How Youngsters Can Get Cheaper Insurance

Saturday, 7. April 2012

Hi, Graham Hill here, thank you so much for visiting my blog, I hope you learn a lot and as a result end up driving a great car. In order to do so you can get all the information you need by buying my book, An Insider Guide To Car Finance or use me to finance your next car. Happy driving.
Citroën C1

Citroën C1 (Photo credit: Wikipedia)

I know I’m past having to worry about my kids having to insure their first car at 17 but I still feel the pain, and even more so today, when premiums of several thousands of pounds are asked for on cars costing a few hundreds. According to the AA the average policy for a 17-22 year old is £3,000. As a result I’ve had a trawl around to see what best advice you can give your kids, and what you can do, in order to save them money on their insurance (can you see what I’m doing – nurturing customers of the future). First of all, and most obvious, is choose a car with lowest risk attached. Choose a group 1 – 3 car if you can.

A group 2 Citroen C1 may not be the coolest car in the world but they can be quite funky, cheap to run and one of the cheapest to insure. High spec. items such as air con can put up the cost of insurance so avoid where possible. Another lesser known trick is to max out your excess, the higher the excess the lower the premium but don’t take too big a risk.

If you have an accident you must be able to afford the excess. As a guide a £500 excess could decrease a premium by £400 increased from a £100 excess. I’ve mentioned this before but if you include a person with a few years no claims on their policy, like mum or dad, it can decrease the premium.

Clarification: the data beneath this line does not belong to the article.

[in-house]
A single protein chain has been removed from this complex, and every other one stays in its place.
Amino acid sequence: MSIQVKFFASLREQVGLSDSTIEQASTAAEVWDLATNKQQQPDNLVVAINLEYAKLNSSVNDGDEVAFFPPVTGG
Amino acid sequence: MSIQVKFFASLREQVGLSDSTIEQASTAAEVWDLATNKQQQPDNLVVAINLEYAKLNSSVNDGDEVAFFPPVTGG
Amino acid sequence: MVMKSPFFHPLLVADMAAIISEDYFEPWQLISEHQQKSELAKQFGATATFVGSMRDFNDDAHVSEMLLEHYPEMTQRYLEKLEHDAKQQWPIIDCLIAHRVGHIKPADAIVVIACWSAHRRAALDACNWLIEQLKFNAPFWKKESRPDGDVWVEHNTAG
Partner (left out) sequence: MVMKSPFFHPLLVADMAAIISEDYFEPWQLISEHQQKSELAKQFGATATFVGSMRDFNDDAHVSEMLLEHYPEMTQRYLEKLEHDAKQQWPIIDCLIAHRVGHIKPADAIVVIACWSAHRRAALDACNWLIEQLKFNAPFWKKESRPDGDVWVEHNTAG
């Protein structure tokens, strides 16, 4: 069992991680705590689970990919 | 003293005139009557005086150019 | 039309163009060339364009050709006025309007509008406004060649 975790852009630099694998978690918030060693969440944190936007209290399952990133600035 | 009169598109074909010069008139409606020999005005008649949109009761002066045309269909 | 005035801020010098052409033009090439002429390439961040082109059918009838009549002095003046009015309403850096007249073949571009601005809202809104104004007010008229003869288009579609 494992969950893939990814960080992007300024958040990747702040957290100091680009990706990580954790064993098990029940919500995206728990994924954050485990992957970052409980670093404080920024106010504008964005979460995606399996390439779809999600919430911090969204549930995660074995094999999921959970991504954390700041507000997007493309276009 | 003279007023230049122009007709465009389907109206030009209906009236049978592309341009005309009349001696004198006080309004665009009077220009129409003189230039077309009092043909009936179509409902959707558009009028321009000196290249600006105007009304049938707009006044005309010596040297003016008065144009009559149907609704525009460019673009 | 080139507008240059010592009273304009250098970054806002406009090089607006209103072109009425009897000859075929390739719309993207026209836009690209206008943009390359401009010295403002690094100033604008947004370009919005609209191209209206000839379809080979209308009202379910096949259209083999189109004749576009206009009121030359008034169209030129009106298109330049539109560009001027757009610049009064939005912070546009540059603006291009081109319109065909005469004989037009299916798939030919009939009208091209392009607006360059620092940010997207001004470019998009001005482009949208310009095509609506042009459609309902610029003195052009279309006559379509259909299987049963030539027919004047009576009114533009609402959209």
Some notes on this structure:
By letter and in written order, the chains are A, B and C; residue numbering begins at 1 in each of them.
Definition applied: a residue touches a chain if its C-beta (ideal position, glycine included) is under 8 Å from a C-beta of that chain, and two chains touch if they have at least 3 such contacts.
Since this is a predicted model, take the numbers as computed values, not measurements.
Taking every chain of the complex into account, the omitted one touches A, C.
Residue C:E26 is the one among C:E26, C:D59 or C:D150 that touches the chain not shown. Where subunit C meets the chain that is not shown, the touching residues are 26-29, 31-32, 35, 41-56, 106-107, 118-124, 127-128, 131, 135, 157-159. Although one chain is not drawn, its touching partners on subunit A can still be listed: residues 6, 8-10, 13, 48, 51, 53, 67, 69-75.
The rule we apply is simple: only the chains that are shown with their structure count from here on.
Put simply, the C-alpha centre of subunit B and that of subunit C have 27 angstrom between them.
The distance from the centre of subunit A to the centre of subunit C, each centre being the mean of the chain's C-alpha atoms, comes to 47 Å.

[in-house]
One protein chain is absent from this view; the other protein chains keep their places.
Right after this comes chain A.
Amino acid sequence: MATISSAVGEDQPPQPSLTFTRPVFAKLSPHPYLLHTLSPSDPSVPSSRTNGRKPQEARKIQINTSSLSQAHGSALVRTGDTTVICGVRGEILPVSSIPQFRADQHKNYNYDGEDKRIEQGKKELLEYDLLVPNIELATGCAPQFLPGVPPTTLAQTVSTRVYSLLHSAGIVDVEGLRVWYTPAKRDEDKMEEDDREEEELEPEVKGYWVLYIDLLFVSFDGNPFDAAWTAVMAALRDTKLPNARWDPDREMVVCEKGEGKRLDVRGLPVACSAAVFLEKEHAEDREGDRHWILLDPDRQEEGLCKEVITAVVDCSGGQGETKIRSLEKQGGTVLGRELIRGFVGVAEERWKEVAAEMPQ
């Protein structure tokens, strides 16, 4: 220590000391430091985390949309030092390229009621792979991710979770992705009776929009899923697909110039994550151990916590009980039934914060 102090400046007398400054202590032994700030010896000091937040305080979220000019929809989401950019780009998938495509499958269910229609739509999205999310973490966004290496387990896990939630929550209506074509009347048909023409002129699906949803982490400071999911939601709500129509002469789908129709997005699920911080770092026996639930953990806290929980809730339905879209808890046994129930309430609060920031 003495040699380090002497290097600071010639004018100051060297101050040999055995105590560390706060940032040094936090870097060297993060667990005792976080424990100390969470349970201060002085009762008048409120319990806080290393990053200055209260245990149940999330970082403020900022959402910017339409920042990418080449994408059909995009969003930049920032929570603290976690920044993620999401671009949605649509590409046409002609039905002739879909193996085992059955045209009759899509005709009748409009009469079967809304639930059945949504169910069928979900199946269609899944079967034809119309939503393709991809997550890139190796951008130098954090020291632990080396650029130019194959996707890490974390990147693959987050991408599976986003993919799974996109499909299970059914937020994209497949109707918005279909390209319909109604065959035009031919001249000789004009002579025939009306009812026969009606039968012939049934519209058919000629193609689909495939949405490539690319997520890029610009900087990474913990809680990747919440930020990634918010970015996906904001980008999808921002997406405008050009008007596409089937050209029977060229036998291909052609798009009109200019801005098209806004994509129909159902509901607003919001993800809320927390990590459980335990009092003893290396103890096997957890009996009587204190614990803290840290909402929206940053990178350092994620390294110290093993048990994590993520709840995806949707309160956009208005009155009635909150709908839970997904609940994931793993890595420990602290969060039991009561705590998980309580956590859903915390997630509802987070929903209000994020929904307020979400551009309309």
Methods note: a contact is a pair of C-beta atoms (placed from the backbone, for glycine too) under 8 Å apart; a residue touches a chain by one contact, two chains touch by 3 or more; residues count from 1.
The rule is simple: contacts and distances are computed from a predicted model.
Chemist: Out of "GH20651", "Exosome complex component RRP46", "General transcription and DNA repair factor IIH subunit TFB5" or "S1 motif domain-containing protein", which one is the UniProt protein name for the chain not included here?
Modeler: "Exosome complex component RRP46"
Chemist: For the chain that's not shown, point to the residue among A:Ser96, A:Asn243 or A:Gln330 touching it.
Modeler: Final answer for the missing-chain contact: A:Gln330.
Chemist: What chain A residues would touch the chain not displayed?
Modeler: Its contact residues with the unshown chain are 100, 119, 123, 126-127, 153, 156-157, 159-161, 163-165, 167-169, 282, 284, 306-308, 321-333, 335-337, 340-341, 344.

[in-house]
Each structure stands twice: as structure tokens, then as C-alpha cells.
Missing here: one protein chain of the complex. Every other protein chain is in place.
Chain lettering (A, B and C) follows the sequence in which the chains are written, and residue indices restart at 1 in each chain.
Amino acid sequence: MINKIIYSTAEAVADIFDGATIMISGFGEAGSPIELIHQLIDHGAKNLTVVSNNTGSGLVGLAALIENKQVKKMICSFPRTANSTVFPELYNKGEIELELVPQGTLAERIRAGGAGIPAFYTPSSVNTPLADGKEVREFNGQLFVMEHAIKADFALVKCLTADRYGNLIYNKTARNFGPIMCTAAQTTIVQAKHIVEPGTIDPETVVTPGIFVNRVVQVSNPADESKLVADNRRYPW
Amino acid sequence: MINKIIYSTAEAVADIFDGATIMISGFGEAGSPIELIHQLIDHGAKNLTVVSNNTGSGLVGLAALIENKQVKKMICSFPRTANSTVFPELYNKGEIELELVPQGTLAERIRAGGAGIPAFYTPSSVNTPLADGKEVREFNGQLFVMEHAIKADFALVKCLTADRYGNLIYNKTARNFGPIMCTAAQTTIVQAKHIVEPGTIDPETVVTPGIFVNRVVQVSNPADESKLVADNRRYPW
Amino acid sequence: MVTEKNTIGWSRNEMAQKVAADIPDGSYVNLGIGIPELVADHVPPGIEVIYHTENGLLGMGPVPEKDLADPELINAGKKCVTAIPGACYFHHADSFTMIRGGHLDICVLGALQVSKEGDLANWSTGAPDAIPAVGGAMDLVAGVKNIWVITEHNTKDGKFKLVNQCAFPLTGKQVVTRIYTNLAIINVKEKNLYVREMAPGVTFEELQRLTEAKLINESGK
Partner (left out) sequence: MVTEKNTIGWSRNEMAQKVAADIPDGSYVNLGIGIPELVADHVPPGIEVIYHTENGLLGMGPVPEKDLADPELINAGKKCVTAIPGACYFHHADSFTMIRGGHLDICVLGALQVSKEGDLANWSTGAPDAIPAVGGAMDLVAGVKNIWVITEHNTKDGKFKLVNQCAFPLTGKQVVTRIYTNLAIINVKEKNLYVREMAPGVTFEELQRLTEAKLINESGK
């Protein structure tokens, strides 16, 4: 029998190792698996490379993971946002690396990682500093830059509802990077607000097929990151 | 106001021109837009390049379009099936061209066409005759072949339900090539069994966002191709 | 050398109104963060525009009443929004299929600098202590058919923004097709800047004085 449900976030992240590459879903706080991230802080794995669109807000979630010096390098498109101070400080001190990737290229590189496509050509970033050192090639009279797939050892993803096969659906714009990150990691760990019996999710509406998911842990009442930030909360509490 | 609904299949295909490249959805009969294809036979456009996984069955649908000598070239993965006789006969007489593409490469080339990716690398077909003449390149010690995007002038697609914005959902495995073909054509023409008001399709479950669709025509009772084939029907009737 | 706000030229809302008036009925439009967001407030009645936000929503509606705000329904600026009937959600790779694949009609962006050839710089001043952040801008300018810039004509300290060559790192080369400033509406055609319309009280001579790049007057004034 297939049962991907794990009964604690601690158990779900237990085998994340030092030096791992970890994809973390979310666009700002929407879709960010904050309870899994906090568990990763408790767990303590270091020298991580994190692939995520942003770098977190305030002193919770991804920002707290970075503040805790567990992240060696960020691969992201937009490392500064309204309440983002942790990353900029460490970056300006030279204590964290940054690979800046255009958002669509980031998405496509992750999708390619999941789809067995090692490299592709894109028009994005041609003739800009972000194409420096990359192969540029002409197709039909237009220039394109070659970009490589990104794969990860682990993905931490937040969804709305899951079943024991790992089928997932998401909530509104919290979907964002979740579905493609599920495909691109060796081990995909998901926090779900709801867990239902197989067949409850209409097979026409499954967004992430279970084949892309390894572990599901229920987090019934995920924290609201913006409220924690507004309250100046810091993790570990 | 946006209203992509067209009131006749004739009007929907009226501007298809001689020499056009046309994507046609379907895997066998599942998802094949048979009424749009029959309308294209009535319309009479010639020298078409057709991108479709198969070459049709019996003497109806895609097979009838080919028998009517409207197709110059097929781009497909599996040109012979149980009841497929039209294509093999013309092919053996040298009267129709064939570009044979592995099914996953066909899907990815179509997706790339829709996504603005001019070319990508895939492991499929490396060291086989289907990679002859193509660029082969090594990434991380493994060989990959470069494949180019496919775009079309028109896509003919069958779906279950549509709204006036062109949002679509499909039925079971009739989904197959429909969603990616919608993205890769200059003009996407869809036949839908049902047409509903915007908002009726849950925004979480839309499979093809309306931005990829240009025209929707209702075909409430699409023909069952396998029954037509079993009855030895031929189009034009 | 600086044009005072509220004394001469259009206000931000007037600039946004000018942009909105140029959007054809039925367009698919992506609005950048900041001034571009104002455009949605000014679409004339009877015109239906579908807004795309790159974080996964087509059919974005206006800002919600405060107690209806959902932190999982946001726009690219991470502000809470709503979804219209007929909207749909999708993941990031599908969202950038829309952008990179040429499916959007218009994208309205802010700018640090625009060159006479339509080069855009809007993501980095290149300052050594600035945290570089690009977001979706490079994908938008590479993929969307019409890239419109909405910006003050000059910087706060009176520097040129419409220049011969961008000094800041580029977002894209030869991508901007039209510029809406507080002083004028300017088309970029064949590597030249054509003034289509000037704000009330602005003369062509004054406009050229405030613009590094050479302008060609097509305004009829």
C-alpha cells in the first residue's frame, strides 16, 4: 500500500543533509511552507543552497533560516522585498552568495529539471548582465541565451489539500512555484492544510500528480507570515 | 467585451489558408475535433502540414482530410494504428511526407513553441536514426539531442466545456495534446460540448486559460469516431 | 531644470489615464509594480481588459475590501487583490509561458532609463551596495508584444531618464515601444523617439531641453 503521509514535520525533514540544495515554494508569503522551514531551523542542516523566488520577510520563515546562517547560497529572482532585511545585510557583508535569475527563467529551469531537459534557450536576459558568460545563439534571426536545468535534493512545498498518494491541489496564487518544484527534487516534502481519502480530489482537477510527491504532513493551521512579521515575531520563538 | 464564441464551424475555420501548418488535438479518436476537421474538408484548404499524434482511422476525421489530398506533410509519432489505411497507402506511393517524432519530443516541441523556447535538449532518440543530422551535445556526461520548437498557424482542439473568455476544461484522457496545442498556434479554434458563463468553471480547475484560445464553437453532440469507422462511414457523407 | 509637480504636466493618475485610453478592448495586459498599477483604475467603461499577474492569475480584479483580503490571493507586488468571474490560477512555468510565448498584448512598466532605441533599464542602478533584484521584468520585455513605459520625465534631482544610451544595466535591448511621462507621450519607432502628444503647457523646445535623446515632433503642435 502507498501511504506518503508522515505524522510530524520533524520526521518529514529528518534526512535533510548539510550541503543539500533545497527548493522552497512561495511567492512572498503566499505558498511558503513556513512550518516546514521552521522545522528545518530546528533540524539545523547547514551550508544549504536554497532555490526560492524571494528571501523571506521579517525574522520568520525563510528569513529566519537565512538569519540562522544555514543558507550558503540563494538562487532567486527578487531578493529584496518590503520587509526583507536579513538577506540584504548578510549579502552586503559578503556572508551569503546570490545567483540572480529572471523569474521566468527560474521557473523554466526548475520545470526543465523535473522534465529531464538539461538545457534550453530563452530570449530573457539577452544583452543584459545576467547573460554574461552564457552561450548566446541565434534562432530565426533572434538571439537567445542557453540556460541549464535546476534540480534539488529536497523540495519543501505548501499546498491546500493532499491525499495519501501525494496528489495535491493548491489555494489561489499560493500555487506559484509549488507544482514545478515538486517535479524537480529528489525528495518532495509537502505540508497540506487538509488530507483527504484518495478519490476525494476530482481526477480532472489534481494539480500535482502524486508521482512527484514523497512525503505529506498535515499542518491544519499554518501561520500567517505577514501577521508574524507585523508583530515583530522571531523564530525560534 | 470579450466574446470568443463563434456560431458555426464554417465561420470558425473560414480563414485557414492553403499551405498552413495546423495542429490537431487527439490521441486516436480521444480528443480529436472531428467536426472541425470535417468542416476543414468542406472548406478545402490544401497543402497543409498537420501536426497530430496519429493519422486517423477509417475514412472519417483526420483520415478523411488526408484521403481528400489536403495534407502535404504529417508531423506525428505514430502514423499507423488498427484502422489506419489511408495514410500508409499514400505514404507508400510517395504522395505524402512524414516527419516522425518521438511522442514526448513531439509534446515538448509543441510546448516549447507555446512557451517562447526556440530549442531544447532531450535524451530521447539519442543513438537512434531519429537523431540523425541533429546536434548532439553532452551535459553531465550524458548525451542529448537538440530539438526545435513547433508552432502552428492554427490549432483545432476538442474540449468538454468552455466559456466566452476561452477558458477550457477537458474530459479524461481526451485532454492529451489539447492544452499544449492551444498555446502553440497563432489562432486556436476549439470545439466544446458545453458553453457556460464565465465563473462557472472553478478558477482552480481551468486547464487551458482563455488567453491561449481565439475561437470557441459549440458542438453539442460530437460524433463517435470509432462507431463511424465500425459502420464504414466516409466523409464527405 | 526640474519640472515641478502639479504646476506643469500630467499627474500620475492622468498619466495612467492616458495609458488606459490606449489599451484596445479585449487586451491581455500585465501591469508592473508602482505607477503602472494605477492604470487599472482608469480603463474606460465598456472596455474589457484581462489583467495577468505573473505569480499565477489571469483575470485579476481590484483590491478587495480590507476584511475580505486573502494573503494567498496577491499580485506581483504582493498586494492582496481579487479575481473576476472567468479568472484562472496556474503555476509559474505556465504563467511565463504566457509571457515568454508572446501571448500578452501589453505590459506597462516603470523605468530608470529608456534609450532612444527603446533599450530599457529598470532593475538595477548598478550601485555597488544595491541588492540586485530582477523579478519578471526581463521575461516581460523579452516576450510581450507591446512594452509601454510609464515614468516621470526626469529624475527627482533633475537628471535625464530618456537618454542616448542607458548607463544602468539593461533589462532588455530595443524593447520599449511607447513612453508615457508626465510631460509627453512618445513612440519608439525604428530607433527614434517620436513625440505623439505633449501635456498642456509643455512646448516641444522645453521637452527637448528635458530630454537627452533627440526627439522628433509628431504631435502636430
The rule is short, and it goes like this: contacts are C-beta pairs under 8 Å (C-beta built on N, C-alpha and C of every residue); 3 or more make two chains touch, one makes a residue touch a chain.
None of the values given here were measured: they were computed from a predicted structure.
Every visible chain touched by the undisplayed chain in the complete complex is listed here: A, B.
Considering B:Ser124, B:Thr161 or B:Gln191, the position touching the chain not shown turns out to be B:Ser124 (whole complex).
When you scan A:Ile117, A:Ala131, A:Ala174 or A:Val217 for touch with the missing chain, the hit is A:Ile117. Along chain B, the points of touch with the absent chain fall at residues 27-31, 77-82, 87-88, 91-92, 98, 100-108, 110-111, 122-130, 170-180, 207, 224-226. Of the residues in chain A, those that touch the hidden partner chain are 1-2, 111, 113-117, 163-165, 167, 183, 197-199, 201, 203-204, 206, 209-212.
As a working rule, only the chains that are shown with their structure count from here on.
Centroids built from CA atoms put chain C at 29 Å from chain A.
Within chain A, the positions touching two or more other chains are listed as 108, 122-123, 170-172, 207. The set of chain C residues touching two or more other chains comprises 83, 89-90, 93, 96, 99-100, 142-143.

Until the new rules kick in regarding equal premiums for men and women, including a female such as mum, sister or girlfriend as the named driver will be better than a male.

Another obvious thing to do is car share and have the higher premium driver on the policy as a named driver. But be very careful, if the young driver is the main driver the policy must be in his/her name. An obvious test would be to ask in whose name is the car registered? Take no chances because lying could cause a claim to fail.

It’s called fronting and is illegal. However, if the young driver is genuinely simply borrowing the car from time to time some insurers will reward named drivers with a no claims bonus so check out the insurance company first before taking out a policy, that’s what you want, no claims discount.

The Co-Operative has a scheme that uses technology to assess the driving ability of young drivers and rewards their skills with a lower premium. A spokesman said that about 90% of those using the technology see a drop in premium. The system isn’t new, many large fleets have been using it for years to keep an eye on their drivers, called telematics.

Currently the Co-Op has 10,000 signed into the policy. Good driving is assessed every 90 days and the policy adjusted accordingly. Hope that little bit of advice helps your little darlings to arrange cheaper insurance policy. By Graham Hill

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One Response to “How Youngsters Can Get Cheaper Insurance”

  1. Dan Evans Says:

    Interesting blog with some useful tips. Be careful however on the named driver business, as most insurers rate the premium based on the youngest driver as I rule now, to prevent people trying to play the system.

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